Vermont, now Connecticut, Models for Diverting Organics

By Patrick Serfass | July 01, 2013

It’s difficult to talk about the future of the biogas industry without a discussion of diverting organics. After all, organics or organic waste is the “fuel” that drives the nonstop production of renewable biogas. With the June 20 signing of Connecticut’s Public Act 13-285, An Act Concerning Recycling and Jobs, the Constitution State will start to divert organics to organics recycling facilities next year. At the same time, we might be observing the beginning of a new pattern that will be very good for biogas and composting businesses. It can also easily benefit waste haulers and others in the waste management industry.

In industry-speak, diverted organics usually means food waste or yard waste, the most common types of organic waste that can be separated by the waste generator.

The pattern begins with two New England states building on each other's good ideas.  Connecticut got the ball rolling in October 2011 with the passage of Public Act 11-217, which required large commercial waste generators (more than 104 tons per year) to divert food waste if they were within 20 miles of a licensed facility. However, that requirement only kicked in six months after two licensed facilities could accept the material—a high risk for the first developer to not know when the second system would be built. 

Nine months later, Vermont signed into law Act 148, An Act Relating to Establishing Universal Recycling of Solid Waste, which borrowed the Connecticut model of applying the law to large generators, but took it a couple steps further by gradually ratcheting down the threshold from 104 tons per year of food residuals all the way down to all food residuals in 2020.  Vermont also required a recycling facility to be within 20 miles of the waste generator for the law to activate.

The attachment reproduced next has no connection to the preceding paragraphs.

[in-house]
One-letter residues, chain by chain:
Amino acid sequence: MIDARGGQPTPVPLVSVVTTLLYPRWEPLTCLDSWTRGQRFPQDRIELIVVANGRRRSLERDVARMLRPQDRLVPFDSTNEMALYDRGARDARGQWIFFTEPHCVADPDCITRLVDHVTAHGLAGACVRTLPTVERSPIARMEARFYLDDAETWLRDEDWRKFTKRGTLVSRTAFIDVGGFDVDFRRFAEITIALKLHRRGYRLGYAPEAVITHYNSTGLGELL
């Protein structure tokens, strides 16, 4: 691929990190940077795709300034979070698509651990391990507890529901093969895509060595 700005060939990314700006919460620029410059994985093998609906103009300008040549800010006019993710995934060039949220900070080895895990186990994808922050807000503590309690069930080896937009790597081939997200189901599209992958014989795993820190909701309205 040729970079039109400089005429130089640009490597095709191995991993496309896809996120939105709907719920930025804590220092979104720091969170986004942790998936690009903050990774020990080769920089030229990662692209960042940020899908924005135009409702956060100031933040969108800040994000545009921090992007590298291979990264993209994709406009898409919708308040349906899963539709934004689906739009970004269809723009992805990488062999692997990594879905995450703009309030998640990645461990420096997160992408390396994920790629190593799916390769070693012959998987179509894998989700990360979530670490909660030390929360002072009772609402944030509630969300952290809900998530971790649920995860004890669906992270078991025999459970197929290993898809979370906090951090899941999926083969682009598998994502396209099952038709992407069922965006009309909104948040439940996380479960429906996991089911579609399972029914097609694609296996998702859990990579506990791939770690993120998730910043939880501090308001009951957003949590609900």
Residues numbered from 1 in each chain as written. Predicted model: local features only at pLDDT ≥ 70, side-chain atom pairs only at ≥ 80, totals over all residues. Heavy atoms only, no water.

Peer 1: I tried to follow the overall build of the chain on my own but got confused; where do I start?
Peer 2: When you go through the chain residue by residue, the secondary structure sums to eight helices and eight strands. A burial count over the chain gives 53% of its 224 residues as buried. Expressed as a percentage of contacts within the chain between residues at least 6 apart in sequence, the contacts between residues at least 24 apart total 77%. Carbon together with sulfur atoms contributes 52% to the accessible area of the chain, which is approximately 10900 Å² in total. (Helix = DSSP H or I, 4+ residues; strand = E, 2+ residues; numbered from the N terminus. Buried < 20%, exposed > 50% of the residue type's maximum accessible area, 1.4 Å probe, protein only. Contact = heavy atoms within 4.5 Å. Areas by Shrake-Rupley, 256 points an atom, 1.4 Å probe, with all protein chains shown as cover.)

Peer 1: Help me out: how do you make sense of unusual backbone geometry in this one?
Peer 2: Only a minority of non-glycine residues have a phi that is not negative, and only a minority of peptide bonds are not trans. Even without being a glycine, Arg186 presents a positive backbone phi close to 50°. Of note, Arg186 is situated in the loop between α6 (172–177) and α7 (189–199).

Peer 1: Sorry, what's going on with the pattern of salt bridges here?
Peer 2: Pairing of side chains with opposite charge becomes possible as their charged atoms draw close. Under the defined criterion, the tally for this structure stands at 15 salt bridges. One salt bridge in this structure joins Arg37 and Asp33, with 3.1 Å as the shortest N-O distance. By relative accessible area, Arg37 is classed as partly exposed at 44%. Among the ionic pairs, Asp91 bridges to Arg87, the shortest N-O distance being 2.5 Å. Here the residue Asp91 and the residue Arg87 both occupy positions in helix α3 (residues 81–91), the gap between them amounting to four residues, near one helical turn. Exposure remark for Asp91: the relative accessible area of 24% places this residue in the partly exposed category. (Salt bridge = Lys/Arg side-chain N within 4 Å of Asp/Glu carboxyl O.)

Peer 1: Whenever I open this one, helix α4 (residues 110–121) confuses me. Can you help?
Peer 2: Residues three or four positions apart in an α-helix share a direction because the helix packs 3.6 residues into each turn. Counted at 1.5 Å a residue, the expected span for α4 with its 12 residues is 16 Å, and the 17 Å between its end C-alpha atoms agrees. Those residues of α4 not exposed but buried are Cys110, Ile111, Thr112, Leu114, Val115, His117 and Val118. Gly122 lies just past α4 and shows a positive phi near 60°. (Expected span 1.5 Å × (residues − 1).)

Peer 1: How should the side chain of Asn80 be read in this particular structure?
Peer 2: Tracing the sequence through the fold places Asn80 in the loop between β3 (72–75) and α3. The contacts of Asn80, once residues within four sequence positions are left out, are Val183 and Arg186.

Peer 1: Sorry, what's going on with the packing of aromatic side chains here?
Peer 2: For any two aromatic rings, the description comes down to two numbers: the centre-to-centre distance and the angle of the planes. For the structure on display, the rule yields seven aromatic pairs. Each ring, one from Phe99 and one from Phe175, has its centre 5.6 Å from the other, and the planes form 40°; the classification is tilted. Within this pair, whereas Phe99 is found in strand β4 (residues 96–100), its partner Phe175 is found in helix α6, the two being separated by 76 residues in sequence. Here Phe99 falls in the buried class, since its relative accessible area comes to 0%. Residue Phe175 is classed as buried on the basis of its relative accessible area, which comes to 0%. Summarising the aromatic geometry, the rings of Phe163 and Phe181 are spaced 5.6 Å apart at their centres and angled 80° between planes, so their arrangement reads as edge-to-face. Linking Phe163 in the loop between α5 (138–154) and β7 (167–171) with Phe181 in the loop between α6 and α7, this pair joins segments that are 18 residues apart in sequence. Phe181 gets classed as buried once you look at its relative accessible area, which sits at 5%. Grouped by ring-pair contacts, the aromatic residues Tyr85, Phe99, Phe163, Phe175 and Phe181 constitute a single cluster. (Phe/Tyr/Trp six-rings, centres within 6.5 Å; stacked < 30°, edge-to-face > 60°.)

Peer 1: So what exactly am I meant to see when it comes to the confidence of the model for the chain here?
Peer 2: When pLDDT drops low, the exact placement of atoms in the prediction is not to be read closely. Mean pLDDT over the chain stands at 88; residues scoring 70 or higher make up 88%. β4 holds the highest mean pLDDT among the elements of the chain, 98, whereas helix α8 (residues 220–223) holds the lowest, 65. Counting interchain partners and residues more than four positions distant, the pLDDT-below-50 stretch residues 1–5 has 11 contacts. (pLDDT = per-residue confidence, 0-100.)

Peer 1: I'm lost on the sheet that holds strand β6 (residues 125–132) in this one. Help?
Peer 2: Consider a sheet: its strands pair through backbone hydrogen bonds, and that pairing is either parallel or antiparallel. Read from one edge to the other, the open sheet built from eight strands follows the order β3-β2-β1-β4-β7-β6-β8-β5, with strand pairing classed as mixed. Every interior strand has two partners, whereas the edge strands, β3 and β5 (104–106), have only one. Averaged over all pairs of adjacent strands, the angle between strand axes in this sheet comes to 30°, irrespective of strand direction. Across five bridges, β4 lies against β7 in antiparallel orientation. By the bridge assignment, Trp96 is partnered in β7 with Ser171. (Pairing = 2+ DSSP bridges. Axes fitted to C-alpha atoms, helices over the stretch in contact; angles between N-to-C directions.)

Connecticut returned the favor this year in Public Act 13-285, which keeps the 104-ton- per-year starting point for commercial generators, reducing to 52 tons per year in 2020. Again, the key is that the requirement only applies if a licensed facility exists within 20 miles of a generator. 

This approach, which requires organics diversion once local infrastructure exists, is the key to building biogas and composting companies in the U.S. and incentivizing the development of new, local businesses. It ensures that if a developer builds a system nearby, they’ll have organic waste to feed it. That’s the start of a viable business model, the creation of new jobs and infrastructure that protects and improves the environment. Ideally, it also alleviates a mantra many of us have heard regarding yard waste bans: “no ban without a plan.”  These are bans with a plan.

Since Connecticut’s law doesn’t get activated until Jan. 1, 2014, and Vermont’s— although passed the year before—doesn’t activate until July 1, 2014, in many ways, it’s too early to claim success. Yet, the passage of these two bills provides a significant step forward for the organic waste sector of the biomass industry—especially financing new projects. They also beg the question: Could this kind of policy, once that requires organic waste generators to send their waste to a recycling facility if such a facility exists nearby, be one that might be adopted in other states? And perhaps federally?

The American Biogas Council and partner in this effort, the US Composting Council, certainly hope so. We also hope those of you reading this will join us as we take more steps to advance the biogas, composting and organics recycling industry.

Author: Patrick Serfass
Executive Director, American Biogas Council